Association of BRAF Mutations With Survival and Recurrence in Surgically Treated Patients With Metastatic Colorectal Liver Cancer
JAMA Surg. Published online May 16, 2018. doi:10.1001/jamasurg.2018.0996
Questions What is the prognostic association of BRAF mutations with survival and recurrence in patients with metastatic colorectal liver cancer, and how does it compare with KRAS mutations?
Findings In this study of 853 patients with colorectal liver metastases, those with a mutant BRAF/wild-type KRAS genotype more commonly were female and 65 years or older, had right-sided primary tumors, and presented with metachronous liver metastasis. V600E but not non-V600E BRAF mutation was associated with worse overall and disease-free survival, and V600E BRAF mutations had a stronger association with overall and disease-free survival than KRAS mutations.
Meaning The presence of the BRAF V600E mutation was associated with worse prognosis and increased risk of recurrence and was the strongest prognostic determinant in the overall cohort.
Importance BRAF mutations are reportedly associated with aggressive tumor biology. However, in contrast with primary colorectal cancer, the association of V600E and non-V600E BRAF mutations with survival and recurrence after resection of colorectal liver metastases (CRLM) has not been well studied.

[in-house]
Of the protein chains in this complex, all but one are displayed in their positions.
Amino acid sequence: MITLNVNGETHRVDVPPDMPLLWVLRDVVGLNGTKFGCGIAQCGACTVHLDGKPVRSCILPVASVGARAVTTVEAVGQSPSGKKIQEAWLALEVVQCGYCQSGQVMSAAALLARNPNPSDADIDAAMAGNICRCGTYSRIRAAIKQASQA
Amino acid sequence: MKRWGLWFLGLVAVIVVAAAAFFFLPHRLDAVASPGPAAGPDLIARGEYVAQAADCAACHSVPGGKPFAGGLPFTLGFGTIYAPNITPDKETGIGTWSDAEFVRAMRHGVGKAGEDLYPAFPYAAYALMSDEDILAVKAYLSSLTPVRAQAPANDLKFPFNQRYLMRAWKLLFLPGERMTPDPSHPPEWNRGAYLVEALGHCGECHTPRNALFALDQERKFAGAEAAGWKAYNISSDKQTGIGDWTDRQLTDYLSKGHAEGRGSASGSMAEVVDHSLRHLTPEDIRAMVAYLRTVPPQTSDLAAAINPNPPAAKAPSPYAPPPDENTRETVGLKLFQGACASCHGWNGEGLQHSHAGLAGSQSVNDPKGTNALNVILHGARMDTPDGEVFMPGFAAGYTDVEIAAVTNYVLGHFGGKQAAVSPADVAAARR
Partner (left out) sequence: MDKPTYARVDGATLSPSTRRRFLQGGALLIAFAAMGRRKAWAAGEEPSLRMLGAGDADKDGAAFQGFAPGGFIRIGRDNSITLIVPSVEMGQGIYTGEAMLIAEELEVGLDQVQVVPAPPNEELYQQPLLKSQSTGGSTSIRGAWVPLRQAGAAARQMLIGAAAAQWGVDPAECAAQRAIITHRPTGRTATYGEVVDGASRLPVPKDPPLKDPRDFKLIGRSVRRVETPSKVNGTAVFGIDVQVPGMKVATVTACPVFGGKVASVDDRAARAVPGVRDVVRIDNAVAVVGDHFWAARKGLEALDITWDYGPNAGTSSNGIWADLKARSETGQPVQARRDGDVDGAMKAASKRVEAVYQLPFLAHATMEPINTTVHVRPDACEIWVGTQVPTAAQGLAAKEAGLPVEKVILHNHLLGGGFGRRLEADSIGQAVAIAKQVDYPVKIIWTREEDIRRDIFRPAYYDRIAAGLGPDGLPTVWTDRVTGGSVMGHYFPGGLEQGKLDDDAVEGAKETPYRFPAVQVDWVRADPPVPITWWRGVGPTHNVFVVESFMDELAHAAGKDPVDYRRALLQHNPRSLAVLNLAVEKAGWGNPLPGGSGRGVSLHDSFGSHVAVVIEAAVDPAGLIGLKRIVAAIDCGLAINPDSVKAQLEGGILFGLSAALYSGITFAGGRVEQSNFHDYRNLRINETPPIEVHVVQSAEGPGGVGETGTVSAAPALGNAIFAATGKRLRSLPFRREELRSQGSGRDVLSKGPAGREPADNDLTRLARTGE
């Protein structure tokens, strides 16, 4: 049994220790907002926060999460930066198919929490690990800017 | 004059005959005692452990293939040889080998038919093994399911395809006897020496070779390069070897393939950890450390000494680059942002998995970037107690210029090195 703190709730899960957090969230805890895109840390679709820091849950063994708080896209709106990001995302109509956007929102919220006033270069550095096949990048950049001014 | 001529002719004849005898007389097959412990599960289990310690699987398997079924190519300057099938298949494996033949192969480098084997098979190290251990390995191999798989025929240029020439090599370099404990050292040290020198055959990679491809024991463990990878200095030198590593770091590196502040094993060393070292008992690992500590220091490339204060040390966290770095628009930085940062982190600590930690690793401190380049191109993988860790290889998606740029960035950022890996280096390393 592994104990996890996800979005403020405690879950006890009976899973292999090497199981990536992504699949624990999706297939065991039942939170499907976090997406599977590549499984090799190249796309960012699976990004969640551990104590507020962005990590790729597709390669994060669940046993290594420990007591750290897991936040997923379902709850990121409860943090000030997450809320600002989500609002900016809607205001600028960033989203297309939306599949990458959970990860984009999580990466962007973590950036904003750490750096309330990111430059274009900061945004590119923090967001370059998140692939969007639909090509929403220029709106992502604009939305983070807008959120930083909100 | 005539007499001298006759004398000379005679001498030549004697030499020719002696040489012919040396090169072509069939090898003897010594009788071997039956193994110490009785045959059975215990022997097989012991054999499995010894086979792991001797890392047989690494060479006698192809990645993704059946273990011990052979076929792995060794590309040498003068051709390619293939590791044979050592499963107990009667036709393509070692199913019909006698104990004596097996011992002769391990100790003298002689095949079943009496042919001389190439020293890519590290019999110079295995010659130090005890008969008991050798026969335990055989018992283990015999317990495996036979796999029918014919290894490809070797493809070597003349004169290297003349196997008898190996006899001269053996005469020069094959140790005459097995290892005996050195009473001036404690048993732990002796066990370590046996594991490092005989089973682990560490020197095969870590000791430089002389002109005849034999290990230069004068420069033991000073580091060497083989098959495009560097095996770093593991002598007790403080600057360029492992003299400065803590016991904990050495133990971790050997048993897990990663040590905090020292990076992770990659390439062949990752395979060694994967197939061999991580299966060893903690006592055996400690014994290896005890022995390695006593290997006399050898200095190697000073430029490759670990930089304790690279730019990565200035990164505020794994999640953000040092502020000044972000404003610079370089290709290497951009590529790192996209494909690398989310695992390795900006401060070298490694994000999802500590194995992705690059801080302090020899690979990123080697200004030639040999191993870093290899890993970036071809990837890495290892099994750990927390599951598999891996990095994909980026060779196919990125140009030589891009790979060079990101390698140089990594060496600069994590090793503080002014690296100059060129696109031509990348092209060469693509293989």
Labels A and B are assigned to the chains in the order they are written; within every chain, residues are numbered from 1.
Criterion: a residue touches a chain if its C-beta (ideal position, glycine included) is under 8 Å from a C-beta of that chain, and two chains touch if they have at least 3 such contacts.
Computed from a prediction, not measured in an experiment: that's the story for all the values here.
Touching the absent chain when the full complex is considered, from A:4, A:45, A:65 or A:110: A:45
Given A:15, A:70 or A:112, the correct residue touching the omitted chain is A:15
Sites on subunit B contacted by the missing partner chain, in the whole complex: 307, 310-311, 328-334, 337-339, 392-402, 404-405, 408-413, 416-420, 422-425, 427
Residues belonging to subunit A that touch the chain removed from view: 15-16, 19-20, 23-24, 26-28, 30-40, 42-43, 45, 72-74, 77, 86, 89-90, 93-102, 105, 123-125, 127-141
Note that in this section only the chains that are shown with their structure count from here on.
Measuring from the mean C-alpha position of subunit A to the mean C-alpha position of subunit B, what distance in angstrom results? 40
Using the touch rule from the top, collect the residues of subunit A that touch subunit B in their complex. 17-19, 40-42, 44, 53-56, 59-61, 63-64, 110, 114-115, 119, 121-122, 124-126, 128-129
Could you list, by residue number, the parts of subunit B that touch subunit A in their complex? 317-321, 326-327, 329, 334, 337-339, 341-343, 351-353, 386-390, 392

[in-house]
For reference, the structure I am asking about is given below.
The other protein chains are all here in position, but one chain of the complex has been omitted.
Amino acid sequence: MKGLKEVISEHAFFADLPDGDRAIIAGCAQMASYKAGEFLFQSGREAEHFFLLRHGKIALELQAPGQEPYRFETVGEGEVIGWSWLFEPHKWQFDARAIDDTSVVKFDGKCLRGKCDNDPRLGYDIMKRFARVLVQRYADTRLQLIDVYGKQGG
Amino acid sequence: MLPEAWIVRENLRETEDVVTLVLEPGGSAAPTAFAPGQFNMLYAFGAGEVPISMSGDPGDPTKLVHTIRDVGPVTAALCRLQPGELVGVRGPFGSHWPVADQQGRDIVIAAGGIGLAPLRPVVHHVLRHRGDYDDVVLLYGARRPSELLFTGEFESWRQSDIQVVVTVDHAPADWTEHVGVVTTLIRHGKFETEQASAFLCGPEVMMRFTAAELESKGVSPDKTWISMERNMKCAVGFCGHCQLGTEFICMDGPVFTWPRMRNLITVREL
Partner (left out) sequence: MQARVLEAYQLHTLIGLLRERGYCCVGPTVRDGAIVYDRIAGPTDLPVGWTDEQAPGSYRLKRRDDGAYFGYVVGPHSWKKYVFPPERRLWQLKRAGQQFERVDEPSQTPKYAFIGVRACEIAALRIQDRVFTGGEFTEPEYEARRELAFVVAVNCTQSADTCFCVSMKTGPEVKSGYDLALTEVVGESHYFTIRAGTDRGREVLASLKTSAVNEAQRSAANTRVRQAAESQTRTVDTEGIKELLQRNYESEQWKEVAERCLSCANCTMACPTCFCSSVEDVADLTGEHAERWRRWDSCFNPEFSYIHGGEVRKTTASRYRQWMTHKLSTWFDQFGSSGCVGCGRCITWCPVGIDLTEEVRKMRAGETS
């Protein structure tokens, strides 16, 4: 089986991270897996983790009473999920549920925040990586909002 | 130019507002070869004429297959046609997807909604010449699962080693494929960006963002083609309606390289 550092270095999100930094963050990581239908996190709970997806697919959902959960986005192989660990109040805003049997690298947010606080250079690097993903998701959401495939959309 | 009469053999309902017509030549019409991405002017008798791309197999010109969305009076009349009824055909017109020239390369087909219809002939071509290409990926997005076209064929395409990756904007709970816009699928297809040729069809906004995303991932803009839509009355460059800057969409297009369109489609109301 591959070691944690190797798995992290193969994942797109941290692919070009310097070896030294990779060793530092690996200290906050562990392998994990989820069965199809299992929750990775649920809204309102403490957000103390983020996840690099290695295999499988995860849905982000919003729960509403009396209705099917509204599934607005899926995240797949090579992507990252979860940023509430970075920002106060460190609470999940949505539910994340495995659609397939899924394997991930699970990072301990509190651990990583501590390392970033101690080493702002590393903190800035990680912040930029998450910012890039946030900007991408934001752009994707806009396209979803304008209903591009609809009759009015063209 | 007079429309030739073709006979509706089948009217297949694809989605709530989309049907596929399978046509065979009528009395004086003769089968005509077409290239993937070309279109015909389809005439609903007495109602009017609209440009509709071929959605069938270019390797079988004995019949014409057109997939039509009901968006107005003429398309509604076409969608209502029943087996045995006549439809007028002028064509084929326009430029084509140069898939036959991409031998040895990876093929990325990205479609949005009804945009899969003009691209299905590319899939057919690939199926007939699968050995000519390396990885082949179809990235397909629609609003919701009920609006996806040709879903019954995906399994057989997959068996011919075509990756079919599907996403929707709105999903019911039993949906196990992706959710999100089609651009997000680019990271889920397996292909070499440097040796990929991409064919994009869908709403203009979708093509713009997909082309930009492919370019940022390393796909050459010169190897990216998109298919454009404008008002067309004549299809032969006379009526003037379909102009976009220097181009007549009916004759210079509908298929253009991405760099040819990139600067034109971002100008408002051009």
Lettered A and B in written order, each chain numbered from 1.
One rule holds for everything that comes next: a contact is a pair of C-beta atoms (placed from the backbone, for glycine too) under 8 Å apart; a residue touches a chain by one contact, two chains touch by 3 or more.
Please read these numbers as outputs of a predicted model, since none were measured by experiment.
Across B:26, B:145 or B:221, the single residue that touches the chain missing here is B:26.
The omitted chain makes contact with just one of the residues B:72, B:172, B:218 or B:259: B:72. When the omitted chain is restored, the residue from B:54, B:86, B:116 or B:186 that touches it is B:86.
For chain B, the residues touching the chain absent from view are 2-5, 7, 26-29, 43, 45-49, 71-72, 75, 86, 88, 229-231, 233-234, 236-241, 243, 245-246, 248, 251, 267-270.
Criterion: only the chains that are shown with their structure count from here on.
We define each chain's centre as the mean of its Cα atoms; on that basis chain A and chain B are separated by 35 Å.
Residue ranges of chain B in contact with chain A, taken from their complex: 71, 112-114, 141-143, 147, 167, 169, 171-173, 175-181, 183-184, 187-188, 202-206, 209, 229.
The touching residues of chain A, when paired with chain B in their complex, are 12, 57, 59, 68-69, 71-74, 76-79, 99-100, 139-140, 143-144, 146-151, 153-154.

Objective To investigate the prognostic association of BRAF mutations with survival and recurrence independently and compared with other prognostic determinants, such as KRAS mutations.
Design, Setting, and Participants In this cohort study, all patients who underwent resection for CRLM with curative intent from January 1, 2000, through December 31, 2016, at the institutions participating in the International Genetic Consortium for Colorectal Liver Metastasis and had data on BRAF and KRAS mutational status were retrospectively identified. Multivariate Cox proportional hazards regression models were used to assess long-term outcomes.
Interventions Hepatectomy in patients with CRLM.
Main Outcomes and Measures The association of V600E and non-V600E BRAF mutations with disease-free survival (DFS) and overall survival (OS).
Results Of 853 patients who met inclusion criteria (510 men [59.8%] and 343 women [40.2%]; mean [SD] age, 60.2 [12.4] years), 849 were included in the study analyses. Forty-three (5.1%) had a mutated (mut) BRAF/wild-type (wt) KRAS (V600E and non-V600E) genotype; 480 (56.5%), a wtBRAF/wtKRAS genotype; and 326 (38.4%), a wtBRAF/mutKRAS genotype. Compared with the wtBRAF/wtKRAS genotype group, patients with a mutBRAF/wtKRAS genotype more frequently were female (27 [62.8%] vs 169 [35.2%]) and 65 years or older (22 [51.2%] vs 176 [36.9%]), had right-sided primary tumors (27 [62.8%] vs 83 [17.4%]), and presented with a metachronous liver metastasis (28 [64.3%] vs 229 [46.8%]). On multivariable analysis, V600E but not non-V600E BRAF mutation was associated with worse OS (hazard ratio [HR], 2.76; 95% CI, 1.74-4.37; P < .001) and DFS (HR, 2.04; 95% CI, 1.30-3.20; P = .002). The V600E BRAF mutation had a stronger association with OS and DFS than the KRAS mutations (β for OS, 10.15 vs 2.94; β for DFS, 7.14 vs 2.27).
Conclusions and Relevance The presence of the V600E BRAF mutation was associated with worse prognosis and increased risk of recurrence. The V600E mutation was not only a stronger prognostic factor than KRAS but also was the strongest prognostic determinant in the overall cohort.